Released balloons eventually float back down after their helium leaks away. Often, these colorful orbs are snagged on branches and power lines, causing potential blackouts and electrical issues. The same NOAA study noted that thousands of balloon pieces wash up onshore every year. Brightly-colored latex is likely to appear edible to confused animals, who often try to eat the strings and scraps that fall into their environment.

The Indianapolis 500 is not the only public event prone to scrutiny over its decision to release balloons. In 1986, United Way in Cleveland, Ohio attempted to break the world record for the largest balloon release–one previously set by Disneyland. United Way released an estimated 1.5 million balloons into the air, causing a chain of reactions that interfered with a Coast Guard rescue mission and ending, ultimately, in a lawsuit.

Traditions will always be difficult to break, but many activist groups have been lobbying to ban balloons altogether for years now. Though some inconclusive studies are being conducted to determine how biodegradable latex really is, reducing latex and plastic pollution wherever possible is a key way to help our environment.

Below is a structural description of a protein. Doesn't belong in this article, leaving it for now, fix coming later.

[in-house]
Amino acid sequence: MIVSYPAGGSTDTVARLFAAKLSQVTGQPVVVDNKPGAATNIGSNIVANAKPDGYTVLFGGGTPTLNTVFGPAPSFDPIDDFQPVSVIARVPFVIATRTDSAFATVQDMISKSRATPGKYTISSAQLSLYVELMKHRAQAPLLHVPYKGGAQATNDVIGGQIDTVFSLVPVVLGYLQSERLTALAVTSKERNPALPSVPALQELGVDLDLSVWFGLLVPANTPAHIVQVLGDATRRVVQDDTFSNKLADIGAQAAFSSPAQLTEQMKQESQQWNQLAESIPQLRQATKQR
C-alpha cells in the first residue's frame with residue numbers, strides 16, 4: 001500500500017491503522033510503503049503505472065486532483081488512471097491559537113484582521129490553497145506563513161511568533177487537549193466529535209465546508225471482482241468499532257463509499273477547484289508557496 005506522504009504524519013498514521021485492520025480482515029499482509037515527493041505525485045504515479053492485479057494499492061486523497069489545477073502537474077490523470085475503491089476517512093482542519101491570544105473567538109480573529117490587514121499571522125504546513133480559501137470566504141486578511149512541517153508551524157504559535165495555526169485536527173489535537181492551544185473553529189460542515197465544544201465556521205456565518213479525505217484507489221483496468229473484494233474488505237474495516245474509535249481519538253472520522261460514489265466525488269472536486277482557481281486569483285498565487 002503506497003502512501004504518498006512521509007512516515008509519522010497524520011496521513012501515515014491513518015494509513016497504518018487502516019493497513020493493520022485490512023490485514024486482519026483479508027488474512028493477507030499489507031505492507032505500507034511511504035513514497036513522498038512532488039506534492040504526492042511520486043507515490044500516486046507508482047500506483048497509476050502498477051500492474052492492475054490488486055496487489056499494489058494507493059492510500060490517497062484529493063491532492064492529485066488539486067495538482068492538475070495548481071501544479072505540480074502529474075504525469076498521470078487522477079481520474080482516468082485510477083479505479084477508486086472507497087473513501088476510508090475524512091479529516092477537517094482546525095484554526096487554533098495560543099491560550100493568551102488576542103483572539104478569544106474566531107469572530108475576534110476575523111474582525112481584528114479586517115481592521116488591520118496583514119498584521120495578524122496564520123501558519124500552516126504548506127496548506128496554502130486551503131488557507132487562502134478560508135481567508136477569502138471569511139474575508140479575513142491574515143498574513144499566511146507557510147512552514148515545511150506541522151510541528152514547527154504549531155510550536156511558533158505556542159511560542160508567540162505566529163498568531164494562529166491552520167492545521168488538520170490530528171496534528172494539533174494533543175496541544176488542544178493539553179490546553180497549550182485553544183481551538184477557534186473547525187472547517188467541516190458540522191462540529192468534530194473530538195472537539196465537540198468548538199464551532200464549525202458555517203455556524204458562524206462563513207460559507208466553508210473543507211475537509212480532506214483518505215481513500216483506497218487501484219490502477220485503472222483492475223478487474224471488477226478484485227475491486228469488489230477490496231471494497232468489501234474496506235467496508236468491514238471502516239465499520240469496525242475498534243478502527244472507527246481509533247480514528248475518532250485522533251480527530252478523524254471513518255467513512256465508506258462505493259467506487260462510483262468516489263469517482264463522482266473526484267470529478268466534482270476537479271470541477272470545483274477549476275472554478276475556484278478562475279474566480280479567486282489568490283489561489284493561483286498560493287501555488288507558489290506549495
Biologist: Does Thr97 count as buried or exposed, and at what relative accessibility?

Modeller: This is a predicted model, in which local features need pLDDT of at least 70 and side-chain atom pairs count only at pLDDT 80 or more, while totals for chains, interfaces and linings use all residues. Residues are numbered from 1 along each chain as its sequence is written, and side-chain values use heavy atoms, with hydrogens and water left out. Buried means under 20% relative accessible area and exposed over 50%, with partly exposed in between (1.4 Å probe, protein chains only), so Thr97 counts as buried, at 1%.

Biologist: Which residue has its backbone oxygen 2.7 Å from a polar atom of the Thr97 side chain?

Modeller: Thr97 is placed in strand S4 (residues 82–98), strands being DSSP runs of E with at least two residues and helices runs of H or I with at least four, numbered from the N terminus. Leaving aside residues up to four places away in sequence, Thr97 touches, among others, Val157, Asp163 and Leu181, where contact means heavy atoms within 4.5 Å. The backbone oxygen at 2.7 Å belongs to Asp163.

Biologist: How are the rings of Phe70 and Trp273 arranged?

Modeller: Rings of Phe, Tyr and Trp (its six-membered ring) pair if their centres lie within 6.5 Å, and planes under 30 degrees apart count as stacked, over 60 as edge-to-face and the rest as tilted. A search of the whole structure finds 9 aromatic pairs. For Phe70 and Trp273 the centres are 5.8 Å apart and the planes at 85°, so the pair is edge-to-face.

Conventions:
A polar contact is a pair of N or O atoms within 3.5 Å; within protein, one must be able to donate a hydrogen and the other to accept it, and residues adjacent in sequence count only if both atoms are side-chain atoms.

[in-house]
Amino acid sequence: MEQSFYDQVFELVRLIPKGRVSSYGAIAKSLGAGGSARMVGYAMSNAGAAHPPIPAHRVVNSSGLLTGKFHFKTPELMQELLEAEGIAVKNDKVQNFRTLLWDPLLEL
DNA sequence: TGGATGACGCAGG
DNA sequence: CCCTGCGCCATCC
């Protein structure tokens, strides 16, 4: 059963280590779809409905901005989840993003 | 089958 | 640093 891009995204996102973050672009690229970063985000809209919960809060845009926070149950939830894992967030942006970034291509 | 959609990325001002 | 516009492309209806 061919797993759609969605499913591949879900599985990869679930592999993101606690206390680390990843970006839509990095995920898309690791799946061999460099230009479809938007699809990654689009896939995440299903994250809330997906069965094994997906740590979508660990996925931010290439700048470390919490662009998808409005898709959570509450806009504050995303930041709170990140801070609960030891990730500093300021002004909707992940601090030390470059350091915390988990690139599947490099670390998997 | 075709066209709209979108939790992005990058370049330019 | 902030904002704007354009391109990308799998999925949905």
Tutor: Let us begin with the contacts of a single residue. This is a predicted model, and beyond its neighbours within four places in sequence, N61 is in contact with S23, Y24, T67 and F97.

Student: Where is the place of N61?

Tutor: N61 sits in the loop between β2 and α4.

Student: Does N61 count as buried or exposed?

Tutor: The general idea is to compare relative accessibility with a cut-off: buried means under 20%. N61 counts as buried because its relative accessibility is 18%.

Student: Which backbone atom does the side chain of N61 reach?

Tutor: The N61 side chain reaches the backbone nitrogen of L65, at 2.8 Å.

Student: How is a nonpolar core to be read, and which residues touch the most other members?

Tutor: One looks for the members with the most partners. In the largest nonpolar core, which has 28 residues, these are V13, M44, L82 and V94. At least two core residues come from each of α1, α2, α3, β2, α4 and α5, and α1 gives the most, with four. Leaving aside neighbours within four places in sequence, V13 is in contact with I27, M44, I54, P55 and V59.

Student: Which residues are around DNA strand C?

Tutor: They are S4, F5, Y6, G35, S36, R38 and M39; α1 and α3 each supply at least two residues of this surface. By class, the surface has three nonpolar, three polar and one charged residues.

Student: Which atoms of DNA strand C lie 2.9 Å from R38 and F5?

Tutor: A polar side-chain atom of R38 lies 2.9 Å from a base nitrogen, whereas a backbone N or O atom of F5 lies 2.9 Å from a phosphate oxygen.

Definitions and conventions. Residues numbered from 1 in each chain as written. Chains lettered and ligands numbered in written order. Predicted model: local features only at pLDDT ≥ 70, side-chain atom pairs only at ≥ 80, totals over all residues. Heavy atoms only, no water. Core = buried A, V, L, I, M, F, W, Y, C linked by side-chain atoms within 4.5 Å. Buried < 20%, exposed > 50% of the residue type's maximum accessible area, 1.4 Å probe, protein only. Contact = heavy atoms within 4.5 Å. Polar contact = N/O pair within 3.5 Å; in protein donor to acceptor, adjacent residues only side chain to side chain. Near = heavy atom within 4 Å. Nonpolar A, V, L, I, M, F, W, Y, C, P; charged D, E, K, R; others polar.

Noise pollution: a lesser-known hazard


architectural photography of city buildings
Noise pollution can cause a myriad of health issues | Photo by Aleksandar Pasaric on Pexels.com

Natalia Welzenbach-Marcu | May 28th, 2019

When we think of pollutants, we’re inclined to list off things like plastic, coal, and carbon before we even get to noise. But noise pollution is a problem–so much so that LA has launched a soundproofing program, one that, controversially, has left out some poorer neighborhoods.

Hearing loss is one of the most common occupational hazards. A significant portion of US workers are affected by some form of hearing loss, and a smaller portion suffers from tinnitus (a consistent ringing in the ears).

Outside of the workplace, the average citizen is likely to encounter large amounts of noise from traffic. The OECD (Organization for Economic Co-Operation and Development) reports that traffic density is a huge factor in the levels of noise pollution country to country, with South Korea being one of the most polluted places in this regard.

Prolonged exposure to high levels of noise pollution contributes to higher levels of stress hormones, which in turn cause multiple health complications.

Soundproofing programs, quieter cars, and better workplace safety measures can help reduce the overall effects of noise pollution.